Succession Conflict in Family Business: Pain is Unavoidable. Suffering is Optional.

When it comes to family business succession, pain is unavoidable. Even in the happiest, most loving families, there will be moments of disagreement and dissension. It’s unavoidable. That’s because the goal of a family is a loving relationship. But in business, goals must always include results, even if hard-fought. 

So the acknowledgement implicit in family business is: there will be pain. But suffering is optional.

That is the key message InterimExecs CEO Robert Jordan sends in this lively 7-minute video about family business succession conflict:

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Quality of Earnings Report: The Secret Weapon Buyers Won’t Tell Owners About

Are you planning to sell your company in the next year or two? 

If so, think about commissioning your own Quality of Earnings report — BEFORE you go to market. Why? Because your buyer will commission one. And it could mean you’ll be leaving money on the table.

A QOE is the business valuation standard prospective buyers use to determine a final purchase price for target companies. If you haven’t commissioned your own, you’ll by necessity be relying on the one your acquirer commissions.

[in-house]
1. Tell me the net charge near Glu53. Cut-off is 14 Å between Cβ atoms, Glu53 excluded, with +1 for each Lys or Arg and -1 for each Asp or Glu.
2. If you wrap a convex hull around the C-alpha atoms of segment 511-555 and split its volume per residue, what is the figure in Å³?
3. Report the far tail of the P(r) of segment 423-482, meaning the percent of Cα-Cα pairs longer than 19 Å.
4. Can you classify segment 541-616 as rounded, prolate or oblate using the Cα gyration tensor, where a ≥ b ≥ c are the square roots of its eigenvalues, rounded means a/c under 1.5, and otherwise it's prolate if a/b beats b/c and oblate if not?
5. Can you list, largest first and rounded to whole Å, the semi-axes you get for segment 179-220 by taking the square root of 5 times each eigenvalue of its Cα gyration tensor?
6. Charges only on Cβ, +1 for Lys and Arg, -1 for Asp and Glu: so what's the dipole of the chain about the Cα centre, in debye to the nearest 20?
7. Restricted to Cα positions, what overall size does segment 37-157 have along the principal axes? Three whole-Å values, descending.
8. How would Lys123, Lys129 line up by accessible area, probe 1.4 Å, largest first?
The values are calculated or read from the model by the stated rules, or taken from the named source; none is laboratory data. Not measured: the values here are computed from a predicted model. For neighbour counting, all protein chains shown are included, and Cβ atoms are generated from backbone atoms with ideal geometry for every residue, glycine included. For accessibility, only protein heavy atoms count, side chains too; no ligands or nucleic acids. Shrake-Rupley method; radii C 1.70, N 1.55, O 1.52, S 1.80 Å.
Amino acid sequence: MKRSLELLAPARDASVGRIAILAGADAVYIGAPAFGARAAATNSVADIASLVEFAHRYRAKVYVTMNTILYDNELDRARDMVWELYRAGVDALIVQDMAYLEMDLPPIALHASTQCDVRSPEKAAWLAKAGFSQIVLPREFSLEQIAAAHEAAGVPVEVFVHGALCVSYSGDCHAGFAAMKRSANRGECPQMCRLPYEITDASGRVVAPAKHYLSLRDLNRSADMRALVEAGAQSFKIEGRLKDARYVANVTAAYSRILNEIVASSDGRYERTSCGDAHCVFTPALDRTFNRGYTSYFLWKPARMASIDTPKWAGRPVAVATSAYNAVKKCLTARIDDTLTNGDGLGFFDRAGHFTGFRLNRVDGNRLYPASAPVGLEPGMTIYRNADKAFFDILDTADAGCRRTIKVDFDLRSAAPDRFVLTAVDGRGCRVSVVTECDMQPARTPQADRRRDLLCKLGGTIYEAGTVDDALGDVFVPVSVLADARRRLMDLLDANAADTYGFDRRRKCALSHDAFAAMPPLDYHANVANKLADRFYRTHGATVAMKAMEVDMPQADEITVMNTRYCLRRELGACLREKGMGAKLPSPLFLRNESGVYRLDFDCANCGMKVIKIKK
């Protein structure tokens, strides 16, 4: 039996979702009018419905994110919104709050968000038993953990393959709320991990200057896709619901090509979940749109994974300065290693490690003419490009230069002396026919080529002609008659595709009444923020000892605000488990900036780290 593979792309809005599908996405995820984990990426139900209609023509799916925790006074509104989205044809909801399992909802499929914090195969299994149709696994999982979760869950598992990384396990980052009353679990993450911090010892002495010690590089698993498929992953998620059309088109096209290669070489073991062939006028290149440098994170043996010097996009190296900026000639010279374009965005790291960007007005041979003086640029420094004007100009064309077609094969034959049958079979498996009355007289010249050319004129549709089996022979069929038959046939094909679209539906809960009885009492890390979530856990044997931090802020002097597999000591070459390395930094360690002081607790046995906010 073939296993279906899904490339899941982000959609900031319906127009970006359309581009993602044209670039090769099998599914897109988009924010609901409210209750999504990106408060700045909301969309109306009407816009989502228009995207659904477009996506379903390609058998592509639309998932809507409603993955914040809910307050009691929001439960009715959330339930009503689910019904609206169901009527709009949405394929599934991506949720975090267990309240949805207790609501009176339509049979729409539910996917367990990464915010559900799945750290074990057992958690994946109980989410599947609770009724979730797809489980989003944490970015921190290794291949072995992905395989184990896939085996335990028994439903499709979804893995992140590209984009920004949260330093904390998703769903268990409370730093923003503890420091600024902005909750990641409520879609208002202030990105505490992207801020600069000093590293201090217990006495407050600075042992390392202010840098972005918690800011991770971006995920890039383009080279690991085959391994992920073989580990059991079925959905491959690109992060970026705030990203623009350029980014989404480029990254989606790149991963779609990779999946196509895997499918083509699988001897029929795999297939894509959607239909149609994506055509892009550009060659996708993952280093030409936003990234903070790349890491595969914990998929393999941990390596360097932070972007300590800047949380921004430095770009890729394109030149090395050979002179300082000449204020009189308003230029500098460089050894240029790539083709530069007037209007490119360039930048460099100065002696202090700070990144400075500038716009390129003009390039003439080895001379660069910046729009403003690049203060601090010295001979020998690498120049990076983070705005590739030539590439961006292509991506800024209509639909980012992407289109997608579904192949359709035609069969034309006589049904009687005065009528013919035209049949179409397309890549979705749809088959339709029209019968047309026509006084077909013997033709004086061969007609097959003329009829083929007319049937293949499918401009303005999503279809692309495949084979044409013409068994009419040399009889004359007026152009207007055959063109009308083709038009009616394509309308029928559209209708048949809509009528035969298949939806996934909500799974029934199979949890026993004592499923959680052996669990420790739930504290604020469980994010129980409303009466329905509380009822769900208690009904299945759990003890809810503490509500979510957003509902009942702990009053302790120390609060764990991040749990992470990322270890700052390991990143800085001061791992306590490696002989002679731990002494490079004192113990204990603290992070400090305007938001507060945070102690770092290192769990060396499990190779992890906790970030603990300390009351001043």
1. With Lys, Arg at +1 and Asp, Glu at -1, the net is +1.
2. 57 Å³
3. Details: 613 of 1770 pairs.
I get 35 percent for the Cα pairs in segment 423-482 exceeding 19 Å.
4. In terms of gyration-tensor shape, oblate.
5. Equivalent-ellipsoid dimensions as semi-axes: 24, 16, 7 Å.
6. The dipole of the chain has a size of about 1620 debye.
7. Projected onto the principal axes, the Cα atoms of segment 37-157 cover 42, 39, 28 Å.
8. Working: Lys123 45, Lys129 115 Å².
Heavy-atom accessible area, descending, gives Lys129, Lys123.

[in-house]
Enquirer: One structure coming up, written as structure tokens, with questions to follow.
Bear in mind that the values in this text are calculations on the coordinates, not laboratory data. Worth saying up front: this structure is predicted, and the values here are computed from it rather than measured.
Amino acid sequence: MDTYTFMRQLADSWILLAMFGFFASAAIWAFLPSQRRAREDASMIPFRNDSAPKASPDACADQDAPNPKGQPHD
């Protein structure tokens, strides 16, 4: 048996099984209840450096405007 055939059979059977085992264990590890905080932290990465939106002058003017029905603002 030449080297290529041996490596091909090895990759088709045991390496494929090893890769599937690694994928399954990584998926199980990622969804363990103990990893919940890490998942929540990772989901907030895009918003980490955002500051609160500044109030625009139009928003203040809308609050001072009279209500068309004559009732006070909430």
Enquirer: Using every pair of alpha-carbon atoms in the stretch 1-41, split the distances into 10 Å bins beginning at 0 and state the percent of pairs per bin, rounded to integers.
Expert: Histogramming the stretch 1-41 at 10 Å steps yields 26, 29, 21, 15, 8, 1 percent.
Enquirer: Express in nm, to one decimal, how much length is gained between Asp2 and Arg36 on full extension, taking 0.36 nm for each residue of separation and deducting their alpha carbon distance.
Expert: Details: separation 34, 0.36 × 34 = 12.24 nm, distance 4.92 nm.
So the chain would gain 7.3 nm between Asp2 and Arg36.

As InterimExecs CEO Robert Jordan said in a recent webinar (scroll down to watch the 8-minute video), consider a middle market business owner who has signed a letter of intent agreeing to sell the company to a private equity fund for 10 times earnings. He believes EBITDA to be $10 million and expects to close for $100 million.

Then the acquirer commissions a QOE to ensure this is a solid investment decision. The report comes back with an adjusted EBITDA of $9.5 million. BAM! The closing price just dropped by $5 million.

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Business Exit Strategy Guide for Owners: Identifying Potential Successors

Choosing the person who will be your successor is the second step in this business exit process. The first step is identifying where the company will be when it’s time for the successor to step into a leadership role. Do you expect the company to be sailing along at an even keel, continuing to do what it already does so well? Or are there rougher waters ahead that will require more creative leadership?

Having a keen idea of where your company will be when you plan to step away from daily leadership is critical to understanding what competencies and skills the new leader will need – and to maximizing the worth of the organization as you convert your ownership interests into cash.

Once you have a good idea of that, it’s time to begin searching for just the right person to lead your company into the future.

And, a side note: Even if your exit strategy is to sell the company, you cannot skip this step! The buyer will want to know that you have made plans for a smooth transfer of leadership.

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